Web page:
Teaching Accessibility in Computer Science and Related Disciplines
A Systematic Literature Review and Narrative Synthesis Protocol
Background: Imperatives for digital inclusion mean there is growing demand for graduates with the knowledge and skills to produce digital services that are accessible to disabled people and older populations. Accessibility is mandated by a body of laws that constitute digital disability rights, and internet use among disabled people is increasing (ONS, 2019). However, a lack of progress in the delivery of accessible mobile web-based services, tools and resources mean disabled and older people face persistent digital barriers. There is a pressing need to develop accessibility capacity in the digital workforce. To this end, this systematic literature review seeks to establish what is empirically known about the effective teaching and learning of digital accessibility through the lens of pedagogy.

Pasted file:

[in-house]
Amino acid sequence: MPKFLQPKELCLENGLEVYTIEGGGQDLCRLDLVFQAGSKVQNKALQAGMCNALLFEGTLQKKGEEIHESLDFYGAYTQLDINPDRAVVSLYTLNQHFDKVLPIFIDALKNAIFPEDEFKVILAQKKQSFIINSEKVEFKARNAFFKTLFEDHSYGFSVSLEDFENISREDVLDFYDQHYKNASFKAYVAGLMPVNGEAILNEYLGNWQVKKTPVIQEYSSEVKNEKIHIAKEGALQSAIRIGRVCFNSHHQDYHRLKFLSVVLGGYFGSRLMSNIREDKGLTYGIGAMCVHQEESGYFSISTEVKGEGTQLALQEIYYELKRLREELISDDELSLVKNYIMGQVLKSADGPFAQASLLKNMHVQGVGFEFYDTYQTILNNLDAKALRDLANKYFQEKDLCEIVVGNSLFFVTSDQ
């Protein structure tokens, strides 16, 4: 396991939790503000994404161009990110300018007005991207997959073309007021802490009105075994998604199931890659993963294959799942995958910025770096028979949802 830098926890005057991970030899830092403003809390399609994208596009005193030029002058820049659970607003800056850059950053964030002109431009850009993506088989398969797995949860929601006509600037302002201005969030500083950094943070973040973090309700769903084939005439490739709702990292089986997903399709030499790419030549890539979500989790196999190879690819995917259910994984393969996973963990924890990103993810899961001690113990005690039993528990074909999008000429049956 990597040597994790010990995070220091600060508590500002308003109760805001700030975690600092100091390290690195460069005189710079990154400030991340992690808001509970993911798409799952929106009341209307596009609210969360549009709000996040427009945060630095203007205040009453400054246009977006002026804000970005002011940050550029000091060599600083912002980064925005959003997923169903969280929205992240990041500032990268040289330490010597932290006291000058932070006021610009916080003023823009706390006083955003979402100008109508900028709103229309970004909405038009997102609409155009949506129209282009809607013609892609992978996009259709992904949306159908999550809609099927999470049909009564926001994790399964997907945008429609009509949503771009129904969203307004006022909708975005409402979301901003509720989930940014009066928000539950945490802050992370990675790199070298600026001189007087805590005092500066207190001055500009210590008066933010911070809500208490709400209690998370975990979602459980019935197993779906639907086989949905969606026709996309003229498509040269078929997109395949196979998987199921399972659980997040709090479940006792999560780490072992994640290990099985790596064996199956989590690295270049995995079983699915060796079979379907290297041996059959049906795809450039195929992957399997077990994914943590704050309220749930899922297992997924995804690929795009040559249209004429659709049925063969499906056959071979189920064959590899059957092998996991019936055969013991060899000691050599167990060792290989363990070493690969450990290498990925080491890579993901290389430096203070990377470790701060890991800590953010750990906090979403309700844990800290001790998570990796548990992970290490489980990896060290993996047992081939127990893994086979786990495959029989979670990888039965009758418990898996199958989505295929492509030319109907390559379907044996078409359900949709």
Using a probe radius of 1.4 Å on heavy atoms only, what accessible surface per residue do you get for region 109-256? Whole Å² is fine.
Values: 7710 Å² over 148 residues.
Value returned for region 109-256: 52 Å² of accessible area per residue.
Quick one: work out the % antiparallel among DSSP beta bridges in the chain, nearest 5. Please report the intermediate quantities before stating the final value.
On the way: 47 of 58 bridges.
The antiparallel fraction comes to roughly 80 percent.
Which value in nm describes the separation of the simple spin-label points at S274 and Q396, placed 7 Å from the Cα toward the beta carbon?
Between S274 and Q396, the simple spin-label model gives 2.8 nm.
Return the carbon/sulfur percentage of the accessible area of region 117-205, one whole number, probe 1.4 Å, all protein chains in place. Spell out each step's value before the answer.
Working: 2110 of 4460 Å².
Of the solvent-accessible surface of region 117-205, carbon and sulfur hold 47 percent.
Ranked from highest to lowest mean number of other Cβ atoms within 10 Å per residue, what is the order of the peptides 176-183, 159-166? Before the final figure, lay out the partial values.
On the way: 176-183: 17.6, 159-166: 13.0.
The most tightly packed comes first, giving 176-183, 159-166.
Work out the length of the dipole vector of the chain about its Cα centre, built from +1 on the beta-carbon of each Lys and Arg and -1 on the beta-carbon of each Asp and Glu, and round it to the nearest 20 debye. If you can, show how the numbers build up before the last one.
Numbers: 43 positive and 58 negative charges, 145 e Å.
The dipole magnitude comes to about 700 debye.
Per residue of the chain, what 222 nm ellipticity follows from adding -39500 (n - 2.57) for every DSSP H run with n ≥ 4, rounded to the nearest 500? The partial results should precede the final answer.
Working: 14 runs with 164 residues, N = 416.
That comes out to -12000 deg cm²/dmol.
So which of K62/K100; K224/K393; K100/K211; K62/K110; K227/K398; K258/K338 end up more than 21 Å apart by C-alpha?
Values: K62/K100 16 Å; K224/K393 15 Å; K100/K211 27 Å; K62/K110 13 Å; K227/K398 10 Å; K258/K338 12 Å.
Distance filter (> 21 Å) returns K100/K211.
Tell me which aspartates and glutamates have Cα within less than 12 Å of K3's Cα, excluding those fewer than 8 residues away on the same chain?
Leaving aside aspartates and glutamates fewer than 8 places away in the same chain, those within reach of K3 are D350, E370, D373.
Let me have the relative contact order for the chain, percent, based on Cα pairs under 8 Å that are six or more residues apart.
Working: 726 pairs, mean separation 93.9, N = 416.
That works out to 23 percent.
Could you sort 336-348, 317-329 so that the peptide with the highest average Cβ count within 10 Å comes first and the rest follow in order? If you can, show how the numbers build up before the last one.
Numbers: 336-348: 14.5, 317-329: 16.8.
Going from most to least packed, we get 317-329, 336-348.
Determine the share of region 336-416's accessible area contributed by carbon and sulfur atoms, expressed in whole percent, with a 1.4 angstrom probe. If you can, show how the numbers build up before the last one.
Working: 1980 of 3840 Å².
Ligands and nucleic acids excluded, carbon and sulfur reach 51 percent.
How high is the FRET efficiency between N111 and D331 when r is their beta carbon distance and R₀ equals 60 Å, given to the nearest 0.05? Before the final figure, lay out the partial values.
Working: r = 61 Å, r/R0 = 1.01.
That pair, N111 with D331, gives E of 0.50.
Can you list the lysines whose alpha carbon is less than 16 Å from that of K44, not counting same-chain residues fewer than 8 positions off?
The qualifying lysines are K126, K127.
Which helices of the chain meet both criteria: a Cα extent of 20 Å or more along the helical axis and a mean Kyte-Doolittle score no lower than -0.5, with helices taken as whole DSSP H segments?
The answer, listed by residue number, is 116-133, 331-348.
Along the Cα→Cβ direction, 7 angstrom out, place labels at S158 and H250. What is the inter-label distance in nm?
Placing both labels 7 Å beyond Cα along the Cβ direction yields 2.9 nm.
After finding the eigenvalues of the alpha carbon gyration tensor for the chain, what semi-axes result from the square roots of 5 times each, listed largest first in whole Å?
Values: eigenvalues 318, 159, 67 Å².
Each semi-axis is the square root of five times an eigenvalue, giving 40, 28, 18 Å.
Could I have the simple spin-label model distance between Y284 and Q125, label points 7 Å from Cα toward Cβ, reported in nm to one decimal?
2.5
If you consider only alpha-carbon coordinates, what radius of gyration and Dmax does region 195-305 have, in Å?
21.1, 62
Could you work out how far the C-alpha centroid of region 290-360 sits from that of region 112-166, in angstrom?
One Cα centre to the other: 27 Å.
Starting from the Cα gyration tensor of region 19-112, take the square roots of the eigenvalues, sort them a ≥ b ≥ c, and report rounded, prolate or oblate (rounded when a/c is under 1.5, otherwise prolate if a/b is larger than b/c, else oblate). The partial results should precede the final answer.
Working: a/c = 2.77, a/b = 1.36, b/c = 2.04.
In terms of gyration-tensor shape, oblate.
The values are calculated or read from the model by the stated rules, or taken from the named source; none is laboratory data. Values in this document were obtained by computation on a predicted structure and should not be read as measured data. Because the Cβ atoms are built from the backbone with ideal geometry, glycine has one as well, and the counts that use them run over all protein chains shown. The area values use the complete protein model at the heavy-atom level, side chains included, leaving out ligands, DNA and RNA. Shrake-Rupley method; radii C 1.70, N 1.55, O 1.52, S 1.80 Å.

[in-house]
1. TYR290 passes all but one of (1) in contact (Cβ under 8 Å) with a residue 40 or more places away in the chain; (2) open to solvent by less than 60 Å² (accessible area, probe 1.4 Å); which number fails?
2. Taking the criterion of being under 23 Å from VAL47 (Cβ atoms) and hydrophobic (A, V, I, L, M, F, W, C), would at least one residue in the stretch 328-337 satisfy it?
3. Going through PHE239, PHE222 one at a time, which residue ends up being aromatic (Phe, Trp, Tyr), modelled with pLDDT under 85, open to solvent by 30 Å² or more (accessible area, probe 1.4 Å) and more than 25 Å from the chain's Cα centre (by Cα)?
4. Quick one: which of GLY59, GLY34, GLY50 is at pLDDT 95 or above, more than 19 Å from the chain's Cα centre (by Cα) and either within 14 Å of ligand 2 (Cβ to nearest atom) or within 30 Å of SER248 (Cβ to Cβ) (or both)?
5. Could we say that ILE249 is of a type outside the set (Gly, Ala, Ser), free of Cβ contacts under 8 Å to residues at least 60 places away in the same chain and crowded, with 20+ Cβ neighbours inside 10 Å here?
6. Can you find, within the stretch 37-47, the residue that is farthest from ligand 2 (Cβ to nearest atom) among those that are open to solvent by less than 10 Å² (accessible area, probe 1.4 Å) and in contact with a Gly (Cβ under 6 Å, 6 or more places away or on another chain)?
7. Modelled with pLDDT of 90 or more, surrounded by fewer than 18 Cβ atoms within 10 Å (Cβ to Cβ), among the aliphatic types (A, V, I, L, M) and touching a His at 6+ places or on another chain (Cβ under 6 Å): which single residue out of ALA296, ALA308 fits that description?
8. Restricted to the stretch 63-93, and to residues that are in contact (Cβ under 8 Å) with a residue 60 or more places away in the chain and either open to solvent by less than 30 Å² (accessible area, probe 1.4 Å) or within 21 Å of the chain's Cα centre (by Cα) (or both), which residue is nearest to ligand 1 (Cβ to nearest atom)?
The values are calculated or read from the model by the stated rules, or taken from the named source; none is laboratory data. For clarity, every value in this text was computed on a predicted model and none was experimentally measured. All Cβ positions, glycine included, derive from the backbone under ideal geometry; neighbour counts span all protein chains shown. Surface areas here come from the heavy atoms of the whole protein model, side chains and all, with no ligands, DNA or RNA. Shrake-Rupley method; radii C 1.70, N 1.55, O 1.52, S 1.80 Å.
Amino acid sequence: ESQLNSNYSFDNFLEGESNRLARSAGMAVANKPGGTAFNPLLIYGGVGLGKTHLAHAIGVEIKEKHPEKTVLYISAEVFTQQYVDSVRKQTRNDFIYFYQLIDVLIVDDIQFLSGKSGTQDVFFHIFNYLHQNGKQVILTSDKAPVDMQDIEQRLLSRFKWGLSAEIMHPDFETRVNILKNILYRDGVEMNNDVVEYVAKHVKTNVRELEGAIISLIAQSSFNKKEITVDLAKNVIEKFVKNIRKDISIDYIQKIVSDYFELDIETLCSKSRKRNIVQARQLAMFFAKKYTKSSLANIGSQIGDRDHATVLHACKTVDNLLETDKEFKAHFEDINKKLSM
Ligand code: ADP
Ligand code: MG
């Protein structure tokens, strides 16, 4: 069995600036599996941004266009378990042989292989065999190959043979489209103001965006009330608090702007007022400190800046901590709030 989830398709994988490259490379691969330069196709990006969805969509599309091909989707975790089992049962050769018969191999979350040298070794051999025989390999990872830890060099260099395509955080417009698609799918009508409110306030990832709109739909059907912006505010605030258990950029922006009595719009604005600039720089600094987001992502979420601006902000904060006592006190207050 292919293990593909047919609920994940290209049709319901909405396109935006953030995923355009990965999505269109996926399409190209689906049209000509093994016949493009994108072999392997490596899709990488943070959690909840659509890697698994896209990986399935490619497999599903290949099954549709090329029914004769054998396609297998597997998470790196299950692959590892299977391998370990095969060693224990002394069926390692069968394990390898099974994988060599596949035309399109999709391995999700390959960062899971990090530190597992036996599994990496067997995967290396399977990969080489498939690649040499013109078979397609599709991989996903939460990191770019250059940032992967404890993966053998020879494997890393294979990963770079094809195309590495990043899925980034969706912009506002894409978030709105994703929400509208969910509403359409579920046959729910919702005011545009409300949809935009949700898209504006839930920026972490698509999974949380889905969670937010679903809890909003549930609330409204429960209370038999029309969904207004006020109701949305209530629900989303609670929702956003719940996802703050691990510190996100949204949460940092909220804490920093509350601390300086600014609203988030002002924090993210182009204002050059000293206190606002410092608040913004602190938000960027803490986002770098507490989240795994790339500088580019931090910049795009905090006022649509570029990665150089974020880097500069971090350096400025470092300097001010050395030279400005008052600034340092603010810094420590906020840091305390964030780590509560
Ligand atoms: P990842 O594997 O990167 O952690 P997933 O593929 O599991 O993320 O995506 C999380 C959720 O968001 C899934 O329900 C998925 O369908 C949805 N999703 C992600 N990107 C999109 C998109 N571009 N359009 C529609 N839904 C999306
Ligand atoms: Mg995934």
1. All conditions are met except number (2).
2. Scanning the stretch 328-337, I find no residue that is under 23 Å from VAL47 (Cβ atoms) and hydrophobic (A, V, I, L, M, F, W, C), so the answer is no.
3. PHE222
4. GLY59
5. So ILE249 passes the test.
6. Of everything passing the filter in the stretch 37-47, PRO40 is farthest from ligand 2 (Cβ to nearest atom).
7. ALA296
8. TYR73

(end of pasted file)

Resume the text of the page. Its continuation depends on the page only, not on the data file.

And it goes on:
Methods/Design: The review will consider research (1999-2019) which focuses on the teaching and learning of digital accessibility in higher education and the workplace. The focus is on how pedagogy is enacted - the pedagogic practice of teaching - rather than curriculum development or other activities that relate to planning or governance. Two databases will be searched, using identified keywords. To identify further papers, backward- and forward- citation analysis is used. Researchers will work iteratively with the data, to ensure no loss of context through data extraction. A narrative synthesis of the findings will be presented.
Discussion: The review will collate literature on the pedagogy of accessibility education, reporting on how the teaching or learning of digital accessibility is effectively undertaken. It will identify the empirical basis for accessibility pedagogy.
Copyright (c) 2020 Sarah Lewthwaite, Andy Coverdale, Angharad Butler-Rees
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